Since 2002, defrauded investors have received only about 1 percent of the billions of dollars collected for them by securities regulators...
WASHINGTON — Since 2002, defrauded investors have received only about 1 percent of the billions of dollars collected for them by securities regulators, congressional auditors have found.
Congress’ Government Accountability Office (GAO), in a report released yesterday, said the Securities and Exchange Commission (SEC) has taken in more than $4.8 billion in civil fines and restitution in settlements with companies and individuals during that period.
However, the SEC has distributed to investors only about $60 million from three of the 75 cases in question, the report found.
Under the landmark anti-fraud law enacted in response to the corporate scandals of 2002, the money is mandated to go to the Federal Account for Investor Restitution, known as the Fair Fund.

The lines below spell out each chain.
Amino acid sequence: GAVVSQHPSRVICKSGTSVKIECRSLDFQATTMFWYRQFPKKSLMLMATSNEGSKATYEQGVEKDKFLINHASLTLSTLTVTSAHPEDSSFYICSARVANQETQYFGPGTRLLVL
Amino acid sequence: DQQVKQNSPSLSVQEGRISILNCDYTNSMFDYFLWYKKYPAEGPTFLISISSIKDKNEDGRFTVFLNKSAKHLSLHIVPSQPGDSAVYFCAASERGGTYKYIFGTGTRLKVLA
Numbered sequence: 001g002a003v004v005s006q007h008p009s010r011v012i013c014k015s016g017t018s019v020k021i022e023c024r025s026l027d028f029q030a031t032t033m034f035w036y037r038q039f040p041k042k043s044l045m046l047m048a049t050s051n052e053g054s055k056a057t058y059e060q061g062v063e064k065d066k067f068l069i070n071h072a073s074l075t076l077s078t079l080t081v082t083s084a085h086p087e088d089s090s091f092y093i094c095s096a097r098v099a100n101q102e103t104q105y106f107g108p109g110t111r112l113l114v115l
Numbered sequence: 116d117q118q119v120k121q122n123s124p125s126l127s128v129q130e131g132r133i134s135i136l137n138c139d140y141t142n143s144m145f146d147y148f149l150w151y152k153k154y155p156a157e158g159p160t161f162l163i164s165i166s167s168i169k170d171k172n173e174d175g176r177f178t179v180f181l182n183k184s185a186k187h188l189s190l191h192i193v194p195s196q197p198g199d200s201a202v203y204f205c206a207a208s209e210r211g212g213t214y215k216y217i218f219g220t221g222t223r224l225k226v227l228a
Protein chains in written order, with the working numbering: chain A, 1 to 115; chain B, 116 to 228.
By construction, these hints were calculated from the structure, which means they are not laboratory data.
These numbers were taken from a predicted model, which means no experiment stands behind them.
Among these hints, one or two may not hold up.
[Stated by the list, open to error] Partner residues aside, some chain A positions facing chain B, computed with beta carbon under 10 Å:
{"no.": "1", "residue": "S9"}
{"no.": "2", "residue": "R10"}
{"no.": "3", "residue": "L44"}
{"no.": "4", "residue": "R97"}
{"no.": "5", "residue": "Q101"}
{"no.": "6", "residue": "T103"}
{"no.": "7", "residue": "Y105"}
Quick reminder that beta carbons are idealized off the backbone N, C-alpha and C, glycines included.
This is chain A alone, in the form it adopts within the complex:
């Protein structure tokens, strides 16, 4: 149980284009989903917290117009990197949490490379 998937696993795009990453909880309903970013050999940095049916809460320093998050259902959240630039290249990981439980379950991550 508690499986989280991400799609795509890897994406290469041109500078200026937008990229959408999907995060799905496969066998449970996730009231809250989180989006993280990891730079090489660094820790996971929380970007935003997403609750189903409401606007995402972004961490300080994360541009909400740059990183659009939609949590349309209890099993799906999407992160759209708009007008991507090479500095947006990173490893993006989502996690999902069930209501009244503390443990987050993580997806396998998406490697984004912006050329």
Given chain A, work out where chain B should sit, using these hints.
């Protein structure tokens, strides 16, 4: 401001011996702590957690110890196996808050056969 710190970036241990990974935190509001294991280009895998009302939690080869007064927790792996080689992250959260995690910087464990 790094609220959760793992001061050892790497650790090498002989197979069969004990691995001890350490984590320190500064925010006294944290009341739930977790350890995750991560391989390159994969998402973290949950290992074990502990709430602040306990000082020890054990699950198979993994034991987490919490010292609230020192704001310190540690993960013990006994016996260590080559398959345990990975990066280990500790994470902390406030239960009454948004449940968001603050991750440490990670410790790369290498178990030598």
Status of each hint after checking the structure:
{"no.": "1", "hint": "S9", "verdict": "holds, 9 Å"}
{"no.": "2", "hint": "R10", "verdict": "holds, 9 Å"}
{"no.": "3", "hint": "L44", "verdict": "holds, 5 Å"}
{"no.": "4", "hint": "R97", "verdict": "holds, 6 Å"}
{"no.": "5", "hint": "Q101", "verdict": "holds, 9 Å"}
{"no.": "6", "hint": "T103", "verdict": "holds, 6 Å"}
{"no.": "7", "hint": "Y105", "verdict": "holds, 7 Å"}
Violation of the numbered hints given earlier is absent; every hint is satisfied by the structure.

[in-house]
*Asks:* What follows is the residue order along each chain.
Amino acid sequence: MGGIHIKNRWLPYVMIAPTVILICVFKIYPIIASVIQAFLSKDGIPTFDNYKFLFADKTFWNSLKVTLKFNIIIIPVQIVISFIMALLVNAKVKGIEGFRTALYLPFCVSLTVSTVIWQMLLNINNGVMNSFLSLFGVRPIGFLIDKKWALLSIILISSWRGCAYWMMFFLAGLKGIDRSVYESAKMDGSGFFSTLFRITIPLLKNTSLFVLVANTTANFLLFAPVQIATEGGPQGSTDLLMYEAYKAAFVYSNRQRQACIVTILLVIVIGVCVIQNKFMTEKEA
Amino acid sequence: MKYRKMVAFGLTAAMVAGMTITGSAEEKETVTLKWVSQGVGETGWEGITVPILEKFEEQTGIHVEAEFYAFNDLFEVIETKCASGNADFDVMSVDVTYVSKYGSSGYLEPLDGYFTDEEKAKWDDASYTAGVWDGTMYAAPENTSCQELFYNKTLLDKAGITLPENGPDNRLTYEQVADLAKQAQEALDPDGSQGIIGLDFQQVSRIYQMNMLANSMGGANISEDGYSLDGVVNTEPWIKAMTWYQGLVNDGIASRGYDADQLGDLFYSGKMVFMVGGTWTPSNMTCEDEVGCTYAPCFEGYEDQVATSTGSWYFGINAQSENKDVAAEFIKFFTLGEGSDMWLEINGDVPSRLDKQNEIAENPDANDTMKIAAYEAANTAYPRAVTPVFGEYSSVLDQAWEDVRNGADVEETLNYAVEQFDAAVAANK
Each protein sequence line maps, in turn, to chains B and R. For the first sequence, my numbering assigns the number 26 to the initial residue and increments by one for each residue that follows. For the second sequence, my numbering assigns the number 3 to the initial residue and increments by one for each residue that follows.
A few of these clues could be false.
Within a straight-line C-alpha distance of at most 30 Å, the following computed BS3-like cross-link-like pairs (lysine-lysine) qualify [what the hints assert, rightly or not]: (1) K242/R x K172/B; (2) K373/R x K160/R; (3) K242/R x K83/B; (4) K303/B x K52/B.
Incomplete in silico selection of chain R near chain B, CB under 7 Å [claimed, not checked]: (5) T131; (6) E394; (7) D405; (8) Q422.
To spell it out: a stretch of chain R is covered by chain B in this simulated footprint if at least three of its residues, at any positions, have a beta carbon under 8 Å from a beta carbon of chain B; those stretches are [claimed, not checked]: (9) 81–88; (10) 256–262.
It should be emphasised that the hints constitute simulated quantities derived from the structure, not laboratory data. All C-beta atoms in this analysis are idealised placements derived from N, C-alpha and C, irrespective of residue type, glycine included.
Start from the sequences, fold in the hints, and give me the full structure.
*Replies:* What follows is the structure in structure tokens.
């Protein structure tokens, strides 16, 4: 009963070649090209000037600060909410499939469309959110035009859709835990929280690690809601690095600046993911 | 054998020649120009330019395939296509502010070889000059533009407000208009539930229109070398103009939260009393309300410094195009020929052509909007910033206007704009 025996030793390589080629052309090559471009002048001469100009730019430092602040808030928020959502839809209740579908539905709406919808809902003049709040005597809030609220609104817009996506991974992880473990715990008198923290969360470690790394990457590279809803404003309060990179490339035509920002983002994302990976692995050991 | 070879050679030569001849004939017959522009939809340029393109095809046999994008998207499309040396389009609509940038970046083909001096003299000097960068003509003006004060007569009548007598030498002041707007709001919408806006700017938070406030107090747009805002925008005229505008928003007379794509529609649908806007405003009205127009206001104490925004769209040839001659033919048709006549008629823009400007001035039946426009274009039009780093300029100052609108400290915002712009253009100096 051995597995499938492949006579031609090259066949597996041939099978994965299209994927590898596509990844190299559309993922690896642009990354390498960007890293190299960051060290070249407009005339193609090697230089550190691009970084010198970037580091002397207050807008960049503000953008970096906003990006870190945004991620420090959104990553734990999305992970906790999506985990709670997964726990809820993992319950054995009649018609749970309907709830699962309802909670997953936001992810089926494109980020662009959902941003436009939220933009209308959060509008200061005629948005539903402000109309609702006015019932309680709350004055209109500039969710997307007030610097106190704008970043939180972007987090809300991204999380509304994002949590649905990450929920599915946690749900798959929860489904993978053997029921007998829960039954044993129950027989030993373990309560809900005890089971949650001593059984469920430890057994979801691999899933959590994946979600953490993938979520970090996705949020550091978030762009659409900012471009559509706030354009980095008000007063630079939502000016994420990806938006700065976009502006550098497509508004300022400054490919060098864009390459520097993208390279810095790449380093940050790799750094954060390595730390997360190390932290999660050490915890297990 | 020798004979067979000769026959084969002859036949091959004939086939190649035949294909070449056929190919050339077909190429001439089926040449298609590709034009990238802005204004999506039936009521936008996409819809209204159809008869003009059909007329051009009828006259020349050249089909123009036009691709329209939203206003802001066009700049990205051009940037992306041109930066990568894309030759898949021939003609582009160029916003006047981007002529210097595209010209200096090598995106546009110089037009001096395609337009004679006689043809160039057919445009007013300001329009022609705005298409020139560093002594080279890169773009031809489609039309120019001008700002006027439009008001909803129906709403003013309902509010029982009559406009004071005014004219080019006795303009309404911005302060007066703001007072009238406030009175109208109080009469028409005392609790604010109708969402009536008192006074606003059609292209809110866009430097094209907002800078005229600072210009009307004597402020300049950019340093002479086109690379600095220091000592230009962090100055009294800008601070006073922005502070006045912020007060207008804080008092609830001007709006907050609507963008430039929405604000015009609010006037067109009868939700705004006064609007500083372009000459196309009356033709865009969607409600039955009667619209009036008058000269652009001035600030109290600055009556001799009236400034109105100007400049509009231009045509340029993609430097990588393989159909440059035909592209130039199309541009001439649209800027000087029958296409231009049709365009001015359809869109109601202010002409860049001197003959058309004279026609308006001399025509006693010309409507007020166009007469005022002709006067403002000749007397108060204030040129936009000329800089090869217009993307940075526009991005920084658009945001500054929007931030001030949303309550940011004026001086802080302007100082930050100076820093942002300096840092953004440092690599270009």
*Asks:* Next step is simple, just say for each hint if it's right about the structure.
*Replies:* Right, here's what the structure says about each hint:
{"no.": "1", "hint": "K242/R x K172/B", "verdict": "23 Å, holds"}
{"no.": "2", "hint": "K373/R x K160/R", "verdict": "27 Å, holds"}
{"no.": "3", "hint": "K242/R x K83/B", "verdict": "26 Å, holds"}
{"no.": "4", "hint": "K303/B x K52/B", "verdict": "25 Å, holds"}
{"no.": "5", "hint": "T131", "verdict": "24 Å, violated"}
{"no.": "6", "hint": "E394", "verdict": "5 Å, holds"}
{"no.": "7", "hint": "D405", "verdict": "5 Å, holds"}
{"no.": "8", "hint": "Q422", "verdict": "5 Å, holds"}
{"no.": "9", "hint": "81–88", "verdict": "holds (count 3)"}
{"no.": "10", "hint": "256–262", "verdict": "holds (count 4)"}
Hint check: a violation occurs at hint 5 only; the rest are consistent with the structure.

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The agency does not earn interest from the fund.
“I am deeply troubled by the difficulties the [SEC] has encountered in expeditiously returning these funds to American investors,” said Rep. Paul Kanjorski, D-Pa., who released the report along with Rep. Barney Frank, D-Mass.
“While the Fair Fund may never be a substitute for private litigation,” he said, “the SEC needs to find ways to turn the Fair Fund into a more effective mechanism for returning funds to wronged investors, given the limitations of the law and the difficulties of identifying those injured by securities fraud.”
The GAO report found the SEC has faced difficulties in identifying injured investors and returning money to them, especially in cases involving fraud by public companies.
It is generally easier to identify harmed investors in cases involving brokerage firms, the auditors noted.
SEC Enforcement Director Linda Thomsen told the GAO the agency is developing a system to better monitor and manage the fund.
It may be too early to judge the SEC’s performance in the complicated process of identifying and compensating affected investors, said Joel Seligman, president of the University of Rochester and an expert on SEC matters.
“It’s easier to measure damages than to distribute them.”